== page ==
Posts Tagged 'Green-Wood'

Red-tailed Two

Buteo jamaicensisContinuing our primer from the other day, we now present a mature Red-tailed Hawk (Buteo jamaicensis).Buteo jamaicensisCompared to that early sighting, this one look rather larger (even though it was higher up), making me think it was a female. Buteo jamaicensisPairs of hawks should be in the bonding and mating stage in the city now. There are a good number of Red-tails within NYC; it is a surprisingly common breeder in our parks; it’s also the species you’ll see perched along the edge of the interstate more often than not. Of course, this doesn’t mean you’ll see them every day. And it won’t necessarily just be in or over the big green spaces. Buteos are soaring hawks; their wide wings are particularly conducive to circling in rising air currents. I occasionally see them sweep-circling over Sunset Park’s flatlands, just as I used to see them over the Gowanus. Neither terrain suggests great hunting possibilities, but these soaring hawks are generalists. They usually go after mammals but are not above raiding that well-stocked larder of those urban chickens, the Rock Pigeons.

Red-tailed One

Buteo jamaicensisPerched near the edge of Green-Wood Cemetery, a Red-tailed Hawk (Buteo jamaicensis) surveys the scene. Buteo jamaicensisOne of the classic field marks of this species is the vaguely V-shaped white splotching on the back. Buteo jamaicensisThe band of darker splotches across the belly is another tell. (In the west, things get more complicated ~ there are some vary dark ones out there.)Buteo jamaicensisBut wait, where is this “red tail” noted in the very name of the beast? That, of course, is the tell-all field mark, usually nicely visible when perched or in the air (especially with the sun shining through it). But this bird is under a year old, Class of 2015: a juvenile, or perhaps more accurately given the speed of development, a sub-adult. It takes about a year for the brick-red/russet tail feathers to come in. I would also say that, based on the larger, fully adult bird seen later in the cemetery, that this is a male. In raptors, males are generally smaller.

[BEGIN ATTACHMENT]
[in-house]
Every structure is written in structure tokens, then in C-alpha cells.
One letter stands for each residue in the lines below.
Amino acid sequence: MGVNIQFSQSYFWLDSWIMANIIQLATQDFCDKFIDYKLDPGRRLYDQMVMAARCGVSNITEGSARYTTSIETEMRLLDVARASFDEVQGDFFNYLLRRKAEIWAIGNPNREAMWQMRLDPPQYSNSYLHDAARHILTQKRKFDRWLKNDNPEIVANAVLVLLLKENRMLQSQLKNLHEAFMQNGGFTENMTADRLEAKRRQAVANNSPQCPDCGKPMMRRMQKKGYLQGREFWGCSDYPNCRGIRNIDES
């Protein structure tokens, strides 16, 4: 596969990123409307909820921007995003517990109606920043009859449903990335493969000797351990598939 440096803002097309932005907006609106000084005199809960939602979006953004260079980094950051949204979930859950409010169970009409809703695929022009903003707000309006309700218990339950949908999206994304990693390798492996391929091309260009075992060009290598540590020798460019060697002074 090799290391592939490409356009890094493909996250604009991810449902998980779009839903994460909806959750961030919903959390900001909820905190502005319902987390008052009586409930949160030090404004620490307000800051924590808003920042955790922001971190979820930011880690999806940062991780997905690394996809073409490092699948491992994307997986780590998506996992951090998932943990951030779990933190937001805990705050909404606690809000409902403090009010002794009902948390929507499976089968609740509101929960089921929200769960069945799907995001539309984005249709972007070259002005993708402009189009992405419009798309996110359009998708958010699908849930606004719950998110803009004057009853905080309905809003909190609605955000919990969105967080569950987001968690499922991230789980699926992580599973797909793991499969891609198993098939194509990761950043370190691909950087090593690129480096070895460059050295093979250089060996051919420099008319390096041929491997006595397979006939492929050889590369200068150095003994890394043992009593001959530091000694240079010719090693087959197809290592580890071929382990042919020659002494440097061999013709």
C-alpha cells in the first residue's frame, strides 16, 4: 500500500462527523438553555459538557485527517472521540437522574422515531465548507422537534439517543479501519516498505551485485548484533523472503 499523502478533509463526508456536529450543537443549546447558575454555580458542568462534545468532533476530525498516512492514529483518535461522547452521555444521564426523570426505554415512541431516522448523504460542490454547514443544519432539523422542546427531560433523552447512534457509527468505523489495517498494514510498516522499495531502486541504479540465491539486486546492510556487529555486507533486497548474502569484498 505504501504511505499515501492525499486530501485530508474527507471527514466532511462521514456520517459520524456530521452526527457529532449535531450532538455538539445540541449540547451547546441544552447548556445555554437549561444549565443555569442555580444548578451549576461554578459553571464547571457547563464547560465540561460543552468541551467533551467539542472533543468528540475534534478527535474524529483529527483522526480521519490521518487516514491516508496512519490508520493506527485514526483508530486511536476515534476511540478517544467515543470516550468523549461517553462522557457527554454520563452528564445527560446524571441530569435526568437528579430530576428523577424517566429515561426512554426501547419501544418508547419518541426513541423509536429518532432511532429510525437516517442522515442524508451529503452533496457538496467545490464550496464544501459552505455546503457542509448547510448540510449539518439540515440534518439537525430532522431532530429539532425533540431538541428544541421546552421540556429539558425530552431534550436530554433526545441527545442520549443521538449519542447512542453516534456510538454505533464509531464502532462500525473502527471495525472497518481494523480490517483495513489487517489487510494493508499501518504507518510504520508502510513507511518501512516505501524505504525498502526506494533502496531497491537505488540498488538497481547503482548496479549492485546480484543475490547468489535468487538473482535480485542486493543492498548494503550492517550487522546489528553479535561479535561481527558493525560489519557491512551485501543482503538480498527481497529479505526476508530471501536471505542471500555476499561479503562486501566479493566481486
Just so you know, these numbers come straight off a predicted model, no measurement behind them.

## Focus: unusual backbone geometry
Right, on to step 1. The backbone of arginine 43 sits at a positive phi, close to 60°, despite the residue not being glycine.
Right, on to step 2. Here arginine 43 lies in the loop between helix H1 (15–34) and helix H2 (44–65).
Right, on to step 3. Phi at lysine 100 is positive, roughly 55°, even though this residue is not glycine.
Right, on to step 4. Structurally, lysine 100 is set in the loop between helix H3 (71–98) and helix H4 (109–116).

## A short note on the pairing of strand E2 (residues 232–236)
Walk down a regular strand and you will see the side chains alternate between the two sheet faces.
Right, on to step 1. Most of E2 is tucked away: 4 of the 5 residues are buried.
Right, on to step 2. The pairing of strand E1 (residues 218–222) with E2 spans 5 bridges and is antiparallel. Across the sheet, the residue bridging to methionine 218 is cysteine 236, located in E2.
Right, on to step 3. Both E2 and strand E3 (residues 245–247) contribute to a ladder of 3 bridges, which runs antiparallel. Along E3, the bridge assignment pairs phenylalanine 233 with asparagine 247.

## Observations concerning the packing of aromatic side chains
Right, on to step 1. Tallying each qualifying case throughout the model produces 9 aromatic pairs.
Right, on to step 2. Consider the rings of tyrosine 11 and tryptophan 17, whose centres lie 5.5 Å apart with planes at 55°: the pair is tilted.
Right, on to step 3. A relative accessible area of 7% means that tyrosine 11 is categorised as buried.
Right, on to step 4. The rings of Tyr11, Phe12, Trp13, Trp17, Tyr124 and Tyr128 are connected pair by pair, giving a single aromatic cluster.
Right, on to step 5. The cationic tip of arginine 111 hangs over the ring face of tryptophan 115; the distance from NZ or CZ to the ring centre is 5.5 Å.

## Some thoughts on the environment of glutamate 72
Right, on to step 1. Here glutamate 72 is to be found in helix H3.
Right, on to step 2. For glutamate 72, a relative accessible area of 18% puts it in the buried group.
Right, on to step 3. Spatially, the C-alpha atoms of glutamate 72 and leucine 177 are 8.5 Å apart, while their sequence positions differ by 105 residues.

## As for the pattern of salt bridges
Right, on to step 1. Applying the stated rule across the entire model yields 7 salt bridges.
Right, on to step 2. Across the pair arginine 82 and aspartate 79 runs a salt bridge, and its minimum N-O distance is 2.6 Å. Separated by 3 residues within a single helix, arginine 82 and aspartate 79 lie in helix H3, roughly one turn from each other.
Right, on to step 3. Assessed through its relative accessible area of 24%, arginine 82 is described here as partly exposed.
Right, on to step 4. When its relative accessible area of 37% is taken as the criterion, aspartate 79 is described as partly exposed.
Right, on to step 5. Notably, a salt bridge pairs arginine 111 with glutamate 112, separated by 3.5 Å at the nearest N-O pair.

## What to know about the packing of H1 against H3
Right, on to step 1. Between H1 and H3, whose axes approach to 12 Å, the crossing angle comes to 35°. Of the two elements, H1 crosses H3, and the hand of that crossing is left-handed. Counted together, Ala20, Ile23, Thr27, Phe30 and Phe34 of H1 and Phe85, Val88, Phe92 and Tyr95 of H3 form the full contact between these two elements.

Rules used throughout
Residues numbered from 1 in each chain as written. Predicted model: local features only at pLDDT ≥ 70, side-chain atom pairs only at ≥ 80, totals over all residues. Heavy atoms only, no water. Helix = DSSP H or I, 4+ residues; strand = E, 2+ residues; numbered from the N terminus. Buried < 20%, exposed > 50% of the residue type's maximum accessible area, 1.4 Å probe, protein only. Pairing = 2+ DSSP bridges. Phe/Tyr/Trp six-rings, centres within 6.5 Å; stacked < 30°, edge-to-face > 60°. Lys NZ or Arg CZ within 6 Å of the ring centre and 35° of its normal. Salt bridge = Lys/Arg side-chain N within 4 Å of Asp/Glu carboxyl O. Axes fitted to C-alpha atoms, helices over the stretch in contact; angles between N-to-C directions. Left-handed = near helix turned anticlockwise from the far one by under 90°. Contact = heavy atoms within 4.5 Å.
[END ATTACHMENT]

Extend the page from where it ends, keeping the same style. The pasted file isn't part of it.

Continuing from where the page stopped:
Mushroom Monday

fungi1A warmer atmosphere has more moisture in it, meaning our winters are getting wetter. If it’s not cold, then that precipitation will be rain. And if there’s one thing that loves damp weather, it’s the fruiting bodies of fungi.fungi2fungi3fungi4

Springtime in Winter

Over the last week, the warm weather forced unexpected blooms.rose Roses in Sunset Park.cherryOne of half-a-dozen blooming cherry trees noted during a short walk in Green-Wood.cherry2The overcast light was definitely wintery, making these blooms look subdued and inducing melancholy in this flower-worshipper instead of the vernal joy of true spring.

Shagbark Hickory

Carya ovataCarya ovata produces thick-fleshed fruit, which dries out to hard four-quarter shell protecting the inner nutshell. Most of them fall to the ground before splitting, or being split/gnawed/chewed by our fellow mammals, but this one was still up on a twig.

Still

IMG_4979

So Many Hickories, So Little Time

CaryaAnd such small teeth.


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